2

Let's say you have a list of values that are:

  1. a
  2. b
  3. c
  4. d
  5. e

The order on the list might be changed.

  1. a
  2. c
  3. d
  4. b
  5. e

How would you detect this change? We needed something like this when we were building a revision history page for our online form building tool. We found a quick and dirty solution, but I am looking for a more elegant solution for this. Here is what the revision descriptions look like:

jotform revisions page

Here is the tough part: Elements can be removed/added from/to anywhere on the list. So, the algorithm should be able to ignore those changes.

4
  • 3
    What is the difference between a change in the order of elements and a sequence of remove/add actions? Jan 31 '14 at 10:16
  • Bart: Let's say "b" is removed from the list. The location of "c" is now moved to second place. We don't want to say "c has been moved" when that happens. It should only capture real moves those that were made intentionally.
    – Aytekin
    Jan 31 '14 at 12:02
  • 2
    Lets say that "b" is removed from the list and then a new "b" is added at position 4. Is that a move of "b"? Does it make a difference if there is an intermediary revision where "b" does not exist in the list? Jan 31 '14 at 13:29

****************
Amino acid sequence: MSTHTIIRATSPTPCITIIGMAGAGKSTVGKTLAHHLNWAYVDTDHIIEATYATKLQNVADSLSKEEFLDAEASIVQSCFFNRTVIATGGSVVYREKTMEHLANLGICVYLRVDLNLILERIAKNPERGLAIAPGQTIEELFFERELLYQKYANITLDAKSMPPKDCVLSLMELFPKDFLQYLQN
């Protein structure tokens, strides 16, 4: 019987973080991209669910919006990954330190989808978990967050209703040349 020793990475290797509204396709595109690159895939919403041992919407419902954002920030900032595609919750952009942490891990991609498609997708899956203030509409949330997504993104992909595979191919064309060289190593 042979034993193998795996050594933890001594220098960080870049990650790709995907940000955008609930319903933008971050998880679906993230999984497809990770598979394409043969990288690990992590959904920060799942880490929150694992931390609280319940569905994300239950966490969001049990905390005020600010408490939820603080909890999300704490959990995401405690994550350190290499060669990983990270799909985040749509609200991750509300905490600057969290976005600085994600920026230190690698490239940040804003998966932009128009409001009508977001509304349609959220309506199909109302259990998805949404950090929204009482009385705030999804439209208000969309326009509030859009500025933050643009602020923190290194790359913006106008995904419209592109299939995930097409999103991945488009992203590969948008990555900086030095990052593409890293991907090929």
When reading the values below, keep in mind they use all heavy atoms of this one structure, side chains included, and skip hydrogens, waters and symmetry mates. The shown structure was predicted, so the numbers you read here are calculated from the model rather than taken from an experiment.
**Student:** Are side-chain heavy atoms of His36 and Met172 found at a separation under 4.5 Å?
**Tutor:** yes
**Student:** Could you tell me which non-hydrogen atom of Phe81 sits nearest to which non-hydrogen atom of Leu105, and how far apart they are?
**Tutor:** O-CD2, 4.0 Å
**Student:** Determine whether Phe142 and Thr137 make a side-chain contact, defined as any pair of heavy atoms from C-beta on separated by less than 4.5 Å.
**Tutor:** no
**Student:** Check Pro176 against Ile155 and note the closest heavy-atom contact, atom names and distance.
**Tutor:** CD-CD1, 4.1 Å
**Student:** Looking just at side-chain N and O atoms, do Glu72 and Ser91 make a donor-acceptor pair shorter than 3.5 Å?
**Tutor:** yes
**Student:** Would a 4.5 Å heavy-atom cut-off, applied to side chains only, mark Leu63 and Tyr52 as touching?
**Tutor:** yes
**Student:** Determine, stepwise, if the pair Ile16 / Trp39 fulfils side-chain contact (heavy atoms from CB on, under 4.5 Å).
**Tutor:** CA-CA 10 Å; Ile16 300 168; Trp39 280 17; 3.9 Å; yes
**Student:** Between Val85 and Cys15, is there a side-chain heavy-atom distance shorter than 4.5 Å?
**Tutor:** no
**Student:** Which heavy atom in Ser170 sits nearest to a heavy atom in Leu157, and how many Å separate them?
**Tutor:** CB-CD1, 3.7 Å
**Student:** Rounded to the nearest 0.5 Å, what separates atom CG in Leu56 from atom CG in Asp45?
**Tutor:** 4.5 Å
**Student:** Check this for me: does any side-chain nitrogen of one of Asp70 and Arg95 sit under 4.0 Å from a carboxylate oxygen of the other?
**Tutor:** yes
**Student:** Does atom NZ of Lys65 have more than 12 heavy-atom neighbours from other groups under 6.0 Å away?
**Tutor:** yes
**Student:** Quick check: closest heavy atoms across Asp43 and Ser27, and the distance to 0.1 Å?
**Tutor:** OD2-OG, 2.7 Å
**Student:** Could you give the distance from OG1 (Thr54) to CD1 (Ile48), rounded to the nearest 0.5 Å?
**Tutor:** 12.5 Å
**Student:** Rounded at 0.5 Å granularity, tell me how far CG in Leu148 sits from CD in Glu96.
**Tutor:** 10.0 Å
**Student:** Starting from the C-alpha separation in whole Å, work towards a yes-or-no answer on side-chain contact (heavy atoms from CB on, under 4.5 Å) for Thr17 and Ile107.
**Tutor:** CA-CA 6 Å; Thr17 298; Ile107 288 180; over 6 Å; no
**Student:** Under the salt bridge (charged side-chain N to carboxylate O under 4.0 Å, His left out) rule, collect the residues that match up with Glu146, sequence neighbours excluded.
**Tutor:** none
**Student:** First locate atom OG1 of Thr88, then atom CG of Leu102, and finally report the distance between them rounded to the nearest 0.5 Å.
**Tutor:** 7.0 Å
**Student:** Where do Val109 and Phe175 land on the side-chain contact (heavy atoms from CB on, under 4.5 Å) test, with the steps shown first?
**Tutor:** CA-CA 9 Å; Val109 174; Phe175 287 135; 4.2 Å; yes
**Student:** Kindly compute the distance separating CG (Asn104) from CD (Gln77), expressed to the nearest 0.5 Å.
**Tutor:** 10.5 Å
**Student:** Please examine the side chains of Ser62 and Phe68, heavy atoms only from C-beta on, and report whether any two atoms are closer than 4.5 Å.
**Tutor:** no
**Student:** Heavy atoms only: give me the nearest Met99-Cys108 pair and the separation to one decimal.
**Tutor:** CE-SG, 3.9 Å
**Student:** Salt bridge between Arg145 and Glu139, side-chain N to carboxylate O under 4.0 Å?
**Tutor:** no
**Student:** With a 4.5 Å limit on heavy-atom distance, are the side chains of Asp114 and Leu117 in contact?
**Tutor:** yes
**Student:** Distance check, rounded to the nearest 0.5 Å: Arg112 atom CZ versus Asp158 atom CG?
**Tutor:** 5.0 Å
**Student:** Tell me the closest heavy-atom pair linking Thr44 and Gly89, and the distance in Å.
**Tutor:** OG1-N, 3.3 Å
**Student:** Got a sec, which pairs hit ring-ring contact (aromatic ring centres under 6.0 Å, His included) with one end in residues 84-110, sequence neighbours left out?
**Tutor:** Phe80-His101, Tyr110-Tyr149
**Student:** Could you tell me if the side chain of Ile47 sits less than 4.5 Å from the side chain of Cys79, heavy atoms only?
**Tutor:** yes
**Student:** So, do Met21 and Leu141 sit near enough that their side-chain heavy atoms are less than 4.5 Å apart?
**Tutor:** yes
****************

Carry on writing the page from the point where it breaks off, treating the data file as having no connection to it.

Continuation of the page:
• Can't you just track this via whatever method you use to re-order the list in the first place? Log the moves made in a move up/down in list event handler for example.
    – Evicatos
    Feb 1 '14 at 0:17
4

There are two approaches:

  1. Try to find a way to apply the diff algorithm to your model. This gets easier when there is a underlying textual representation (e.g. HTML source or another DSL).
  2. Don't have your form builder emit complete states, only have it emit differences which you can easily log. Instead of having the before and after lists, you'd log the “move field from x to y” operation.
0
1

Create a double linked list for records. In your example:

for the first list:

a: {prev: -1, next: b}
b: {prev: a, next: c}
c: {prev: b, next: d}
d: {prev: c, next: e}
e: {prev: d, next: -1}

and for the second list

a: {prev: -1, next: c}
c: {prev: a, next: d}
d: {prev: c, next: b}
b: {prev: d, next: e}
e: {prev: b, next: -1}

Now when you compare the both list only order change matters should be "b", because it's both previous and next value changed. Only previous or only next value modified records should not be taken into account since they slide because of order change of "b"

0

I will treat this as an algorithm question. It may not be what was intended.

  1. Go through the first list, creating an lookup from key->index. In your example, a->1, b->2, c->3, d->4 and so on.
  2. Go through the second list, looking up each element and comparing its index to its neighbour's index. In your case b->2 appears after d->4, which is out of order.

Each of the out of order elements by this criterion is one that has moved. Inserted elements have no index, and deleted elements will not be examined.

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